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Parashat Matot-Masei - 5773

My friends,

This week, we read the double portion of Matot-Masei, concluding the book of Numbers. The Children of Israel are in the steppes of Moab, at the Jordan River near the city of Jericho. They are about to enter into battle against the Moabites and the Midianites, and then prepare to take possession of the Promised Land. In addition, G-d is giving Moses some of the people's final instructions and teachings, such as what the borders of the new land will be, how the land is to be apportioned among the tribes, the establishment of Levitical cities (where the priests and the Levites shall live among the people), the establishment of so-called 'cities of refuge' where a person who has killed another person may flee to, and so on.

I would like to focus on a teaching at the beginning of Matot concerning vows and oaths. In this context, vows and oaths are promises a person makes to G-d. Is making a vow or an oath a good thing? Consider Numbers, chapter 30, verse 3:

"If a man makes a vow to the L-rd or takes an oath imposing an obligation on himself, he shall not break his pledge; he must carry out all that has crossed his lips."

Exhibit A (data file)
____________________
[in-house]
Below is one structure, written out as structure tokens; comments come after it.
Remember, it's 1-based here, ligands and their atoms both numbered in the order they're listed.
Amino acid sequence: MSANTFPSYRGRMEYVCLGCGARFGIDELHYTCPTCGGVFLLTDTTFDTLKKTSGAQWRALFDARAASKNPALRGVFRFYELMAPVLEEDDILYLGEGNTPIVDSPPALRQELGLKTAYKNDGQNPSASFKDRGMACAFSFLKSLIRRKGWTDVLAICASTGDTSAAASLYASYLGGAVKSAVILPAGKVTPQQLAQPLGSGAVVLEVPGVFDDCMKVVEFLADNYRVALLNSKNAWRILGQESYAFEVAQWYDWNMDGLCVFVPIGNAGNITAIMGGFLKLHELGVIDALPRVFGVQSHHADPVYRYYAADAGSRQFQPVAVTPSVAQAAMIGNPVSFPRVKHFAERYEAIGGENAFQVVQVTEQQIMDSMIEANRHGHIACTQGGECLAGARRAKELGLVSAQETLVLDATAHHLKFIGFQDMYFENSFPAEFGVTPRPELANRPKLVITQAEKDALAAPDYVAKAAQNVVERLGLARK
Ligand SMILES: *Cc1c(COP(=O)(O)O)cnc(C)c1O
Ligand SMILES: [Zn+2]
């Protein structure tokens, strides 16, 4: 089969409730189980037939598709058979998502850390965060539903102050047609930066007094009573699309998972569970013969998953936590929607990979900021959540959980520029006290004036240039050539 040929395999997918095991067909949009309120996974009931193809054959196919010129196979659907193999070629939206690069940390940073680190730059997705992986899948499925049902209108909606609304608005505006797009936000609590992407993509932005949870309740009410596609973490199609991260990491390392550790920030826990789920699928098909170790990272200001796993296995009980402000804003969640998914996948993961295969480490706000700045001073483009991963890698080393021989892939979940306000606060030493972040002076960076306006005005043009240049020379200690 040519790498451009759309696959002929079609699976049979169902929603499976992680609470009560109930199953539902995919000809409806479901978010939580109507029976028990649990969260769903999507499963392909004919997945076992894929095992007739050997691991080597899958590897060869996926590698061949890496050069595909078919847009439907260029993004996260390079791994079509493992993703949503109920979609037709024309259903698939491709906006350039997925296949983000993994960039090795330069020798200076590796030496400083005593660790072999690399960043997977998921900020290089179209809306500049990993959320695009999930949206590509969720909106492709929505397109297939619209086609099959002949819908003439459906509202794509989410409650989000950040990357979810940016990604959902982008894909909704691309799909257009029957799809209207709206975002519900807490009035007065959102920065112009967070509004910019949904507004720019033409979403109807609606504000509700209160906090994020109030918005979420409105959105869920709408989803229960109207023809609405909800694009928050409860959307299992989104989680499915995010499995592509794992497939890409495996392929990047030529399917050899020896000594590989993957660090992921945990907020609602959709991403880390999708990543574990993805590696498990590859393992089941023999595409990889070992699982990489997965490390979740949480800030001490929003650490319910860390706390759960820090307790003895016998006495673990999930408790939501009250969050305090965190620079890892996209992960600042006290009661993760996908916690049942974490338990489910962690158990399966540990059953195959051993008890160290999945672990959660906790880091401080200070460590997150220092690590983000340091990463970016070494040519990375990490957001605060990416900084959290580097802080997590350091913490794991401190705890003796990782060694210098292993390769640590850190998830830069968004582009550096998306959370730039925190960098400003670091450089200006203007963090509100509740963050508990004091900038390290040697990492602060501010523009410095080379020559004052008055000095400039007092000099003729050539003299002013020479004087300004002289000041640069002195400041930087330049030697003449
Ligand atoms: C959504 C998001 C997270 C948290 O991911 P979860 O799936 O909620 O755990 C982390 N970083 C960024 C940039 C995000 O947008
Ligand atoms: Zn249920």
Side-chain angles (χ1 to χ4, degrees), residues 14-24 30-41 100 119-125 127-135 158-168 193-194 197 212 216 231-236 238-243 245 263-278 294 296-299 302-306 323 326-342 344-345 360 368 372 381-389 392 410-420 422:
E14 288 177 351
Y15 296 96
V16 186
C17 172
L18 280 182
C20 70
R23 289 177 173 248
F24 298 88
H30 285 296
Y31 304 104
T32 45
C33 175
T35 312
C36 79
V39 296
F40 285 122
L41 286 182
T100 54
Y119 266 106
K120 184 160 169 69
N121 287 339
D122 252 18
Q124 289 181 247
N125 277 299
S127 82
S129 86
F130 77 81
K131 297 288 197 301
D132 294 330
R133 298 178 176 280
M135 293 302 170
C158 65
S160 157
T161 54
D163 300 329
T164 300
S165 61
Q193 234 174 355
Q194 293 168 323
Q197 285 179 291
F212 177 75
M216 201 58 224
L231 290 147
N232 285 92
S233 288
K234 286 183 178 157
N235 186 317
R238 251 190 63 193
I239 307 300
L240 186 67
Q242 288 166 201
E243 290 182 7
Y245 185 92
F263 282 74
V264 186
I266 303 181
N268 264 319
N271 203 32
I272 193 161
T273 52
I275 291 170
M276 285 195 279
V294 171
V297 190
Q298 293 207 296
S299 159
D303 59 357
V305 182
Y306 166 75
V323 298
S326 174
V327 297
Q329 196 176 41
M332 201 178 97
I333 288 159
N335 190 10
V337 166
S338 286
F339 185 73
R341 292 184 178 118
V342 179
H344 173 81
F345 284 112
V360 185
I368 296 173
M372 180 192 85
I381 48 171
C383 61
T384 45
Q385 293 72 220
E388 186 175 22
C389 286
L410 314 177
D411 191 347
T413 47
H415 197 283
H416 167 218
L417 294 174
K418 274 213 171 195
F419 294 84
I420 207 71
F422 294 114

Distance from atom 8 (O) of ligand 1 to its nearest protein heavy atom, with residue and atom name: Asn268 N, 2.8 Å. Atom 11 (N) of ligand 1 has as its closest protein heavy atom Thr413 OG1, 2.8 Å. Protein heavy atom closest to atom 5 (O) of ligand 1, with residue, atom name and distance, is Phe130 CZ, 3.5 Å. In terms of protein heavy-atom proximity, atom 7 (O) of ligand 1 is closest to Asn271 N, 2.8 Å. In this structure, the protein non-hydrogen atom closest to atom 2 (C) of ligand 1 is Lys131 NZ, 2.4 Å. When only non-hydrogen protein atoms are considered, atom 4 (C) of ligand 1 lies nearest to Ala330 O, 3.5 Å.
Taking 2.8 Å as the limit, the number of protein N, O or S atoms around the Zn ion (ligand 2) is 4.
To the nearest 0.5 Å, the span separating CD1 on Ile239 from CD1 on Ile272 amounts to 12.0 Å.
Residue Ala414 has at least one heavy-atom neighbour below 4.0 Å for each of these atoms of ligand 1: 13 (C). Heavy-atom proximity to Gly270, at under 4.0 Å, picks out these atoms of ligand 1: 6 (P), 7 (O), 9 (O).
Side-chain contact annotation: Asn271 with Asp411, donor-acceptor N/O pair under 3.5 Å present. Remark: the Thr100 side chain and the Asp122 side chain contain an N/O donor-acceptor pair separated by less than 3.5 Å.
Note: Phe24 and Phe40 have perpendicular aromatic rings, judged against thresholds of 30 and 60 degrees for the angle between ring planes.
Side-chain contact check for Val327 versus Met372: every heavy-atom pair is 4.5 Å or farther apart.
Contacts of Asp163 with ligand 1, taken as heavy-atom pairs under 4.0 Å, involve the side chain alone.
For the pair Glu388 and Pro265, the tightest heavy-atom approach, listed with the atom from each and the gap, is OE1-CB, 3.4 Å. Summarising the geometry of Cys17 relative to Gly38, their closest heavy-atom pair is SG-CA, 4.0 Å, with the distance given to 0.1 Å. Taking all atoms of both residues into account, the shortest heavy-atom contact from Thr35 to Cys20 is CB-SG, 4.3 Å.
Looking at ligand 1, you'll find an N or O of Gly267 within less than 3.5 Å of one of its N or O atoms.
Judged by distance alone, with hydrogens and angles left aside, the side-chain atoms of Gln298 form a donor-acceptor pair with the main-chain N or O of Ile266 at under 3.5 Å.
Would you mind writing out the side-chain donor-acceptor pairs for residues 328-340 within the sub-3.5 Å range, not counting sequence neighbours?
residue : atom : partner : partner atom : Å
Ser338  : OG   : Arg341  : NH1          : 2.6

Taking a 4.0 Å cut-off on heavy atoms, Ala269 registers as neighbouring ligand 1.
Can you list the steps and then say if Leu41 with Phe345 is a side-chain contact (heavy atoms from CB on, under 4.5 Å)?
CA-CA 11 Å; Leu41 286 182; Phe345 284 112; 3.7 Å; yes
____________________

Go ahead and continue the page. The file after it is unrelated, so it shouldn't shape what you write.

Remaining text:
A promise made to G-d must be kept without fail (although G-d makes certain exceptions later in the parasha). But how good is man in general at keeping his word. How many people, for instance, promise to exercise more at the beginning of the year, but then slack off as the months go by? In general, our sages tend to agree with this assessment of man's nature. They say that, while vows are not, in general, prohibited, they are neither encouraged, for it is just as easy for man to break a promise made to G-d as it is for man to break a promise made to his/her fellow man, regardless of how sincere the person was when the promise was made.

Another point: Why this instruction from G-d regarding vows at this point in time? Consider the fact that the men were about to go into battle. A lot of them were probably in fear for their lives and well-being. Their wives were afraid of becoming widows. That is exactly the time when many people turn to G-d ("G-d, if you get me out of this, I promise etc., etc., etc."). But as long as the people kept faith and adhered to G-d's laws and commandments, G-d would provide for them. There was no need to promise anything above and beyond. Hence, this teaching, with the hope that it would keep the people from making unnecessary promises.

So much of what we learn about being Jews has to do with proper speech - between man and G-d, as well as between each other. It's part of what distinguishes our people. It is an important lesson to learn if we are to live a happy and peaceful life.

Shabbat Shalom,

Bernie Miller
Co-President, Sharei Chesed Congregation